Hanover may boast culture, but where is the art?

by Christopher Moore | 10/12/01 5:00am

In light of the "Hanover" theme this week, I had hoped to review local art galleries. Unfortunately, Hanover has none.

Hanover does have a branch of the League of New Hampshire Craftsmen (next to Rosey Jekes), where one can purchase crafts including wooden and ceramic bowls and kitchen accoutrements, some silky formless clothing, and beautiful but insignificant cherry furniture. It has become the major outlet for New Hampshire craft-makers, forming tight relationships with its suppliers.

This exclusivity, and Vermont craft-makers' connections with their guild, "Frog Hollow," leave places like "Foreign Accents" (in the Nugget Mall) only soap and candles for their selection of local goods. Soap is not art, but neither is most pottery. The League gathers together the "artful" for $50 or less.

The Howe Library has monthly shows of works by local artists, and they publish a price-list, but their "gallery" is a locked room in their basement. The current exhibition, a series of pastoral watercolors, will hardly be seen by anyone other than those bored of looking at back issues of Consumer Reports.

Dartmouth College does not own a gallery, but rather it allows artists who show their work in the Upper and Lower Jewett corridors and the Jaffe-Friede Gallery to submit a price-list to the Hop. Much of the work is wonderful, and tends to sell well, but one will find no "for sale" signs. The galleries are meant as showcases for nationally-recognized working artists whose work will not appear in the Hood Museum.

Hanover is no Woodstock, VT, nor is it a Queechee. Even Lebanon has a place for art: the Ava Gallery, which up until about 10 years ago was in Hanover. For such an art-filled place -- leaf peepers, up on busses called Peter Pan and Leprechaun, come to fawn over nature's artistry, her pointillistic trees and metallic red-orange leaves, her abstract expressionist sunsets and surrealist temperatures -- in which generous salaries are not uncommon, and artists and professors of art in great numbers, up from New York and the best art schools in the country, the absence of galleries in Hanover seems especially strange.

The Hanover Chamber of Commerce has no idea why it represents no art galleries.

Its best hypothesis was that the Hood Museum satisfies the average visitor's desire to see art. The town need not provide anything in addition to the Hood because the Hood is part of the town, the Chamber said. And the Ava Gallery is only down the street in Lebanon.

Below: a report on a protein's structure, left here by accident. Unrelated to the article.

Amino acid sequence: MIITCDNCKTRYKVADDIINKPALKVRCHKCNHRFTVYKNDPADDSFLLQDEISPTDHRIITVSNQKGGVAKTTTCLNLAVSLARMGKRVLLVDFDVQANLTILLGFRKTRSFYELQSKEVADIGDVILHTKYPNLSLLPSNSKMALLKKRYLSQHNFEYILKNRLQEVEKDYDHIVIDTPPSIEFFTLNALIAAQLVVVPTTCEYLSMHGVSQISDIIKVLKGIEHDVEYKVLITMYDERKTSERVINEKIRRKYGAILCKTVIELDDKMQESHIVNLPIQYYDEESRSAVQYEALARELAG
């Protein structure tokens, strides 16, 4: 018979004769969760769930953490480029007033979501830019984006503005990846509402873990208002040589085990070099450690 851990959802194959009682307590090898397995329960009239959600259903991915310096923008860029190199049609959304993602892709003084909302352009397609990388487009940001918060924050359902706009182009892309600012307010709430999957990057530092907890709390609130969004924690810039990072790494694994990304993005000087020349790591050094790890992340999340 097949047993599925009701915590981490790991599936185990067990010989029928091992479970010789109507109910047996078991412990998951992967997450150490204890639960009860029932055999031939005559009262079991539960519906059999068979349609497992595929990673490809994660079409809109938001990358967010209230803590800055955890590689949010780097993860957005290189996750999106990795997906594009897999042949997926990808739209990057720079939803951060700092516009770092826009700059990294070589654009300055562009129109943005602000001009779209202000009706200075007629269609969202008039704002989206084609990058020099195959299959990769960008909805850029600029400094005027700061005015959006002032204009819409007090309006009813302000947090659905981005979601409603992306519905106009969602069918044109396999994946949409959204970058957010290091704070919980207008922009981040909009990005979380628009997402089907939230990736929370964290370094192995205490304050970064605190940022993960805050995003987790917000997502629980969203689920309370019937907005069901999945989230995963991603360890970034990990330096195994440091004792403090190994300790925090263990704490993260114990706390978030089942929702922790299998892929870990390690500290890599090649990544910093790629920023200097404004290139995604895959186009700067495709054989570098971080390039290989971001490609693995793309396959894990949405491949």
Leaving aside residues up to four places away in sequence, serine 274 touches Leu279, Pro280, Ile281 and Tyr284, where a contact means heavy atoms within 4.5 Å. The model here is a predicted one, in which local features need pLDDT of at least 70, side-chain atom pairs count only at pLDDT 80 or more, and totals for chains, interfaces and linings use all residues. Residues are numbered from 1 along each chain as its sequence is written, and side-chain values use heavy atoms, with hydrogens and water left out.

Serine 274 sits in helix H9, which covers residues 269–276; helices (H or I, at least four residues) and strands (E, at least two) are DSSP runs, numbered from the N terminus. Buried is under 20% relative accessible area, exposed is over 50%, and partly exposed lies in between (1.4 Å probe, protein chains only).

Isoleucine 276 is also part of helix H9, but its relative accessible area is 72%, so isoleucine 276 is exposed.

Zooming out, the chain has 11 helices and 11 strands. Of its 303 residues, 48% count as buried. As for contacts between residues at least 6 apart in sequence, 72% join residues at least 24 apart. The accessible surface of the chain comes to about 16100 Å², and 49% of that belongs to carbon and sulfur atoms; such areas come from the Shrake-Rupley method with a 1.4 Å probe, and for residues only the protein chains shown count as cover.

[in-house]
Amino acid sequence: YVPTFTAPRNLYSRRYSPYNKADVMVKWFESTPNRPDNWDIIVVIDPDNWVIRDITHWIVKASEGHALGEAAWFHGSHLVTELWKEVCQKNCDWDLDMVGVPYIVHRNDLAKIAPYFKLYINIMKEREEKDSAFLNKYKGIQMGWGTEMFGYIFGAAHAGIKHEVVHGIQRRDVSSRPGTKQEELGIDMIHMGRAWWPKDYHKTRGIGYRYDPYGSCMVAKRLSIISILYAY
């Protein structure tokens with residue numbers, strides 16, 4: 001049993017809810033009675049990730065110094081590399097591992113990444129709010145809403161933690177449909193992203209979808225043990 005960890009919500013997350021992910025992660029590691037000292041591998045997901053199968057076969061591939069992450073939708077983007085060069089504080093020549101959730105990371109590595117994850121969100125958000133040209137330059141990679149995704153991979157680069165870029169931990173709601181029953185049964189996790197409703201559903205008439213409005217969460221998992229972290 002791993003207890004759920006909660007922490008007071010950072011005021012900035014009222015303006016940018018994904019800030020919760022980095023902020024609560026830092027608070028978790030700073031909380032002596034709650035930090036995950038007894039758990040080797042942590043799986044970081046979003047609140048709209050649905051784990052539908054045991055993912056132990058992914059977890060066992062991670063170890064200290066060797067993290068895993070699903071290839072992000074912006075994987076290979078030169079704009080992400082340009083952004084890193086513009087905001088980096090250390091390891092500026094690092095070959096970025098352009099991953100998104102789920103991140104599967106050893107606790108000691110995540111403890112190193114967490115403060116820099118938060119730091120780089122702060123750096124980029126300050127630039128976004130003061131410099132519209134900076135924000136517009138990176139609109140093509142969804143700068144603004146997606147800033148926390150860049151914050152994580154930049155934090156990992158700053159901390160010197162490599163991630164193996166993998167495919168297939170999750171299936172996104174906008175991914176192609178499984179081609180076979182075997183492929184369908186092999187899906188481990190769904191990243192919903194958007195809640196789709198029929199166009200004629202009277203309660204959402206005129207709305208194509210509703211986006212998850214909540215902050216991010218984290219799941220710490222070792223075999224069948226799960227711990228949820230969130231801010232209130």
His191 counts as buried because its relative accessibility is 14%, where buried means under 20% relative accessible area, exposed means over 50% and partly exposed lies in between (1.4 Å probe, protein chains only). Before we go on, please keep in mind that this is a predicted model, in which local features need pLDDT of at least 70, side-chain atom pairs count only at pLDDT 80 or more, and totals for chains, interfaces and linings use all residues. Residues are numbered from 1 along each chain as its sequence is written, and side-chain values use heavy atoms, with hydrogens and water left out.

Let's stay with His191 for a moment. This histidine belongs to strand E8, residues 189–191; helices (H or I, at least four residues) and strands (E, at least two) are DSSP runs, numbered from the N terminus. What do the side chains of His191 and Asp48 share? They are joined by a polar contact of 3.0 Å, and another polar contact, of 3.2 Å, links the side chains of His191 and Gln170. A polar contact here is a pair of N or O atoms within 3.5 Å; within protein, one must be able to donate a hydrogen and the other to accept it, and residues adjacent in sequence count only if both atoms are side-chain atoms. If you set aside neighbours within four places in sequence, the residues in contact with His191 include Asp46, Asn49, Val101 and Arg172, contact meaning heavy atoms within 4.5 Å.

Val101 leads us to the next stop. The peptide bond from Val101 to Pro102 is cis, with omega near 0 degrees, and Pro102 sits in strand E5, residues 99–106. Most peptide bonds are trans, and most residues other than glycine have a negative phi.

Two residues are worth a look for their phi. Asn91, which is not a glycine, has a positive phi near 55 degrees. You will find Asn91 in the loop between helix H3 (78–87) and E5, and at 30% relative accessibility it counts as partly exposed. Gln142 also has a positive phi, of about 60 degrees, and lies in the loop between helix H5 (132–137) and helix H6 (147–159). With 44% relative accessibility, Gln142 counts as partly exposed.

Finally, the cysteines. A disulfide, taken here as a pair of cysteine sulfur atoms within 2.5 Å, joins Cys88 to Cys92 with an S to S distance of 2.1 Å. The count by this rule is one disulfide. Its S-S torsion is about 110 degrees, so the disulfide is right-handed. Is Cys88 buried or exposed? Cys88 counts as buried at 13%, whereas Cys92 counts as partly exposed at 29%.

Roberta Shin, at the Hood Museum, tried to explain the lack of galleries. Downtown commercial space is not inexpensive. Places have gone out of business. However, plenty of other towns have pricey main street real estate and art galleries that still survive, even if they have to locate on the second floor.

In the end, the question may still come down to simple economics: not enough buyers. The tourist season in Hanover lasts no longer than a falling leaf, and the college-tour traffic has SATs on its mind, not contemporary Primitivism.

Jerry Auden, who directs the art shows at the Hop, believes that Hanover is just "too small of a community" to support any inventory-laden, slow-selling, major-purchase venue, especially an art gallery. No matter how nice it would be to drop by a gallery, talk with its clerk or curator or owner in the afternoons, the most cosmopolitan, wealthy community in the Upper Valley cannot support working or display studios. Woodstock can do so, because it has a more than negligible population base and year-round tourism.

We will discuss, in later weeks, current works of significance. 'Till then, take particular note of all three gallery spaces in the Hop (especially Iona Park '92's abstract work in the Lower Jewett Corridor -- it's magnificent), Ty Garland '02's digitally-printed photographs in Collis, the Hood's current and regular exhibitions (and loans -- this summer they were borrowing another Rothko) and even ORL's new purchases of work by Studio Art major '01s for its dorms. Many offices, I have noticed, have begun to put large bodies of photography on their walls; the pieces on the second floor of Collis are not unenjoyable.

When in downtown Hanover, then, we can only say: praise the work of Autumn, for her show moves south in a month.